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Trump visits CIA, blames media for tensions with intelligence community

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President Trump visited CIA headquarters in Langley, Va., on Saturday to offer words of assurance after sharply criticizing the outgoing head of the agency, as well as the broader intelligence community, for weeks.

“There is nobody that feels stronger about the intelligence community and the CIA than Donald Trump,” he declared a day after he was sworn in as president.

Indeed, Trump suggested that he might give the CIA more support than it wants.

“I just want to just let you know: I am so behind you. And I know maybe sometimes you haven’t gotten the backing that you wanted. And you’re going to get so much backing,” he said. “You’re going to say, ‘Please don’t give me so much backing. Mr. President, we don’t need so much backing,'” Trump continued, drawing laughs from the crowd. “But you’re going to have that. And I think everybody in this room knows it.”

In the freewheeling speech Trump further boasted that most of the people in the room voted for him, said he would “end it” when it comes to Islamic extremism, criticized the press and wrongly asserted that the crowd at his inauguration stretched as far as the Washington Monument.

Trump heaped praise on his nominee to become the next CIA director, Rep. Mike Pompeo, R-Kan., and told the Langley crowd that Pompeo is “very special,” a “total star” and “total gem.”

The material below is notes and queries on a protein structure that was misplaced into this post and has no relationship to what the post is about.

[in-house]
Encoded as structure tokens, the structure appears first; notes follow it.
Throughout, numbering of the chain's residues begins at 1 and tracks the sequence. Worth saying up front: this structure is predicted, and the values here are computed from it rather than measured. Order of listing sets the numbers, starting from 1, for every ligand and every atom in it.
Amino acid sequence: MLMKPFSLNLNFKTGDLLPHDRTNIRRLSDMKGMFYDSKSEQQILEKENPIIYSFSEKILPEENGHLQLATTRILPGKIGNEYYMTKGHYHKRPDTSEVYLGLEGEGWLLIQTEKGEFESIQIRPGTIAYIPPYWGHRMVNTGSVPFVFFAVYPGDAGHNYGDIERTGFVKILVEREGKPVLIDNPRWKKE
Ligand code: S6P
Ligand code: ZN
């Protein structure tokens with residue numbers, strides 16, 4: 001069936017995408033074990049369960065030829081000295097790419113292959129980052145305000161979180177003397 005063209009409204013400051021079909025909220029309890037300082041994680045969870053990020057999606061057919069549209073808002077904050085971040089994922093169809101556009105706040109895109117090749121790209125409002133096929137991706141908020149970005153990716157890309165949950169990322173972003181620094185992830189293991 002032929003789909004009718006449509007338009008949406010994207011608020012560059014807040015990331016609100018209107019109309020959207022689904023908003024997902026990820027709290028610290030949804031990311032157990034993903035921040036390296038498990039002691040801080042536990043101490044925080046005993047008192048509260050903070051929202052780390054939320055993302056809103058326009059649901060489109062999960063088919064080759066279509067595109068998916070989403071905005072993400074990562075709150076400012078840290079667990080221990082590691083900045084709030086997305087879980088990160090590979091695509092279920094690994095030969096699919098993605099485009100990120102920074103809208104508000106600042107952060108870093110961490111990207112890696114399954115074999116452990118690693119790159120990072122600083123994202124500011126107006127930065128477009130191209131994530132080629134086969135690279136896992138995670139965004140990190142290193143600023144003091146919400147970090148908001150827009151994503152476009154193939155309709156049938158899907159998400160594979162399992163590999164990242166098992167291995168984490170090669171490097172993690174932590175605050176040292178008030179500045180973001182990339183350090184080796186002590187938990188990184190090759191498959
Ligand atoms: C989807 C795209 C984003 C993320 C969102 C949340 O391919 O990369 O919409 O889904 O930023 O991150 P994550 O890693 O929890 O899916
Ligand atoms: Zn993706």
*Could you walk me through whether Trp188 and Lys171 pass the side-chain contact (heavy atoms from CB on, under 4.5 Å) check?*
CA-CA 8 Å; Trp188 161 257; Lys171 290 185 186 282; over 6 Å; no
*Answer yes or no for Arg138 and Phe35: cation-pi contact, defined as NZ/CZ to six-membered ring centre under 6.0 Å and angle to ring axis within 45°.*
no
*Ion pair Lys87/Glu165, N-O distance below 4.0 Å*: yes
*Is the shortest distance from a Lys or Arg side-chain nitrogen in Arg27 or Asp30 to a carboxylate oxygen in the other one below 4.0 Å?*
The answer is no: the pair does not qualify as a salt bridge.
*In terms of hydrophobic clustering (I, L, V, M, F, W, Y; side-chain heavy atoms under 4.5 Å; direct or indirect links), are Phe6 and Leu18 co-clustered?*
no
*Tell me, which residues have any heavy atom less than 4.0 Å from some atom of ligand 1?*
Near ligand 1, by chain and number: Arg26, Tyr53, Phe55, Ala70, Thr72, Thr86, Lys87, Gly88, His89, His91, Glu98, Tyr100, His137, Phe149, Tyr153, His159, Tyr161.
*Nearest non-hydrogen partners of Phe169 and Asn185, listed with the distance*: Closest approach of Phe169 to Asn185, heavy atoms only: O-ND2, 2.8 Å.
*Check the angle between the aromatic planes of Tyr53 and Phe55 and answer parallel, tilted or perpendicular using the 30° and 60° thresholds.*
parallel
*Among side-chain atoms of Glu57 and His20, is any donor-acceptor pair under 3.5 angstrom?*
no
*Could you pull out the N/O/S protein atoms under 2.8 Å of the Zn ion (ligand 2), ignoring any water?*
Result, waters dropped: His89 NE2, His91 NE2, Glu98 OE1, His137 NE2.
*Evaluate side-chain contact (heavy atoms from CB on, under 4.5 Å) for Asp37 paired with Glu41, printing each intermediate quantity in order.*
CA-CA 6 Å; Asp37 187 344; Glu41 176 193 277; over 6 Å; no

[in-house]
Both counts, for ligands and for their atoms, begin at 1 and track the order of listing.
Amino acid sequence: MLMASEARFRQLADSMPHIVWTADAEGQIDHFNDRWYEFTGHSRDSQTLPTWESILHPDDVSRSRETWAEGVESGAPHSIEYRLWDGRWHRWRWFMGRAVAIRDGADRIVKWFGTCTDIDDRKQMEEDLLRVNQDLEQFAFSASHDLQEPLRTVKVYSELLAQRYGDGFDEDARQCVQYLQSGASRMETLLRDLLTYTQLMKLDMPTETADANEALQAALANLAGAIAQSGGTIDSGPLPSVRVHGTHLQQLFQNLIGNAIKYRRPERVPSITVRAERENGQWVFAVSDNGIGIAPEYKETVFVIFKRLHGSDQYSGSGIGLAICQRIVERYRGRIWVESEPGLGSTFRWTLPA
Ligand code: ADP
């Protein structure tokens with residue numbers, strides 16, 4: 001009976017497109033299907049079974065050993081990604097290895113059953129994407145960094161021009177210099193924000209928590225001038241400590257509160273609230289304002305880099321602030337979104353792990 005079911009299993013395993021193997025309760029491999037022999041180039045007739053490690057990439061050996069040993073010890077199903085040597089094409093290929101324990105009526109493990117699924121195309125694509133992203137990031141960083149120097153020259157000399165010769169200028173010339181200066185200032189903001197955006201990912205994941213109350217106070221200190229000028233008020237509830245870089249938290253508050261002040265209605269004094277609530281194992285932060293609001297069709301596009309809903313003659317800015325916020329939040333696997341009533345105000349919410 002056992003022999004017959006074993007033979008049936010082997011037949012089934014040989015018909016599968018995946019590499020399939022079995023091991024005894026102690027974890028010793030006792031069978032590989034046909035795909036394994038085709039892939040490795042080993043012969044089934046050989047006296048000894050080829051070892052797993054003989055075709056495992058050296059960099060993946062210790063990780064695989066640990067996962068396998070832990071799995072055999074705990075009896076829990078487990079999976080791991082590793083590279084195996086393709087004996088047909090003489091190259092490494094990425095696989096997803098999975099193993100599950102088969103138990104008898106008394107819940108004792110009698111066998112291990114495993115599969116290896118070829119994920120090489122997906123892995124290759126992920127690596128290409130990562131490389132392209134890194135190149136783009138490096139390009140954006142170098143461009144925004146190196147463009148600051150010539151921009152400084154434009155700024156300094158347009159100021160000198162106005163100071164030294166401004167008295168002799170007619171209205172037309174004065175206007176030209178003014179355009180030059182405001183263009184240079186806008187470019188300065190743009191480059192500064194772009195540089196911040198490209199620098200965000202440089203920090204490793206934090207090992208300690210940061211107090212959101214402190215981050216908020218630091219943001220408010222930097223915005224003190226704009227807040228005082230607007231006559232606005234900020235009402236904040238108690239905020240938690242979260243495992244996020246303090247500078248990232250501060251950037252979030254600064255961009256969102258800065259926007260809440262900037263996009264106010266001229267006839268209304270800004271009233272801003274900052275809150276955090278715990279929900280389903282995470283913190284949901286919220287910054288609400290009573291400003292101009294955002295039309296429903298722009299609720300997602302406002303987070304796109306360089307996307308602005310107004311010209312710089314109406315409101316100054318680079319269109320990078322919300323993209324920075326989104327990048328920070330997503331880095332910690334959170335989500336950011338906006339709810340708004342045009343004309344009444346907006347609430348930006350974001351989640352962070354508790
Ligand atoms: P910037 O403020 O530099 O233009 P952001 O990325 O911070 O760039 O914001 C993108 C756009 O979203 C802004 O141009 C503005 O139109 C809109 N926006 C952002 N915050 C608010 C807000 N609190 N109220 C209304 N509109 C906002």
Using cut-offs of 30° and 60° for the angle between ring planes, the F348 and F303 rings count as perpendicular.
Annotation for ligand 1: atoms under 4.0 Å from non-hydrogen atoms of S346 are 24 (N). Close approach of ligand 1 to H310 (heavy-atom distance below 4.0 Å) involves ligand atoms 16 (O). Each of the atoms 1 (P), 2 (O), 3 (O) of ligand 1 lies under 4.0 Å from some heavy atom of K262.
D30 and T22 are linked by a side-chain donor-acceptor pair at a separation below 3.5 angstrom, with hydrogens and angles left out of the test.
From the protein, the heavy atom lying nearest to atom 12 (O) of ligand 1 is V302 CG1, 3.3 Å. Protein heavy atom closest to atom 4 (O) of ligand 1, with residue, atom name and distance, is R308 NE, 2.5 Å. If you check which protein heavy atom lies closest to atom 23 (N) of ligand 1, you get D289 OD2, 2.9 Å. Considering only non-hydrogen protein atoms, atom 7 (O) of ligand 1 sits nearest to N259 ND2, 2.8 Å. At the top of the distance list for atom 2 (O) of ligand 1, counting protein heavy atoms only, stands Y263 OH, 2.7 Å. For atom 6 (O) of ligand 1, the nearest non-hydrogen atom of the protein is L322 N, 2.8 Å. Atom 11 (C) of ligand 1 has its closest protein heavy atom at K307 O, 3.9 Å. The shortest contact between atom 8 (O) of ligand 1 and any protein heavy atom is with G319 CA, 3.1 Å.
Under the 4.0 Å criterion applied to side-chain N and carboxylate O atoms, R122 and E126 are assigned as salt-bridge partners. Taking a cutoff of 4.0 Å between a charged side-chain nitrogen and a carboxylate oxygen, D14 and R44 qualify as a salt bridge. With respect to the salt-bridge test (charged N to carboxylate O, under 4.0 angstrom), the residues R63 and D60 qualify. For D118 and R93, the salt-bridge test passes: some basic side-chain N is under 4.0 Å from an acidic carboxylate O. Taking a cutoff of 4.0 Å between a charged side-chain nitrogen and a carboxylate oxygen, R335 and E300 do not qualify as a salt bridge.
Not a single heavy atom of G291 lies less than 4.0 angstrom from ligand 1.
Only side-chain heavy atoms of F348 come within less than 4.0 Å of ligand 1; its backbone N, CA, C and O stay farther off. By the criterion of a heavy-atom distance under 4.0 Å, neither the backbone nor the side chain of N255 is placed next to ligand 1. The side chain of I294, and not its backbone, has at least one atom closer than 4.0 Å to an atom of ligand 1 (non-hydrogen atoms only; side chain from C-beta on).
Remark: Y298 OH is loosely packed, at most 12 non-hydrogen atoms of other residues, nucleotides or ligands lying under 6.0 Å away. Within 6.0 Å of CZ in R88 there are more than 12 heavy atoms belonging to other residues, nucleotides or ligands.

The president has a much different opinion about former CIA Director John Brennan, the Obama administration official who blasted Trump for a tweet earlier this month in which he asked, “Are we living in Nazi Germany?” Trump posted the provocative rhetorical question while criticizing intelligence agencies for media leaks, including an unverified dossier from a former British spy claiming that the Kremlin has compromising intelligence on him.

“It’s when there are allegations made about leaking or about dishonesty or a lack of integrity, that’s where I think the line is crossed,” Brennan told the Wall Street Journal of Trump’s tweet.

Brennan continued: “Tell the CIA officers who are serving in harm’s way right now and their families who are worried about them that they are akin to Nazi Germany. I found that to be very repugnant, and I will forever stand up for the integrity and patriotism of my officers who have done much over the years to sacrifice for their fellow citizens.”

Trump responded to the interview by asking if Brennan was the person who gave the unverified dossier about him to reporters. According to reports, the dossier had also been in the possession of some elected officials and multiple media outlets for months, although they chose not to publish its unconfirmed contents. BuzzFeed published the document on Jan. 10 after CNN reported that the intelligence brass briefed Trump on its existence.

But on Saturday, Trump insisted that despite his public questioning of the intelligence community — he has referenced faulty reports about weapons of mass destruction in Iraq on several occasions, while dismissing intelligence conclusions about Russian hacking of Democratic emails — it was the media that was responsible for the idea that he disapproved of the CIA’s work.

“I have a running war with the media. They are among the most dishonest human beings on earth, right? And they sort of made it sound like I had a feud with the intelligence community. And I just want you to know that there’s a reason you’re the No. 1 stop: It is exactly the opposite,” he said.

“I love you,” Trump later concluded. “There’s nobody I respect more.”

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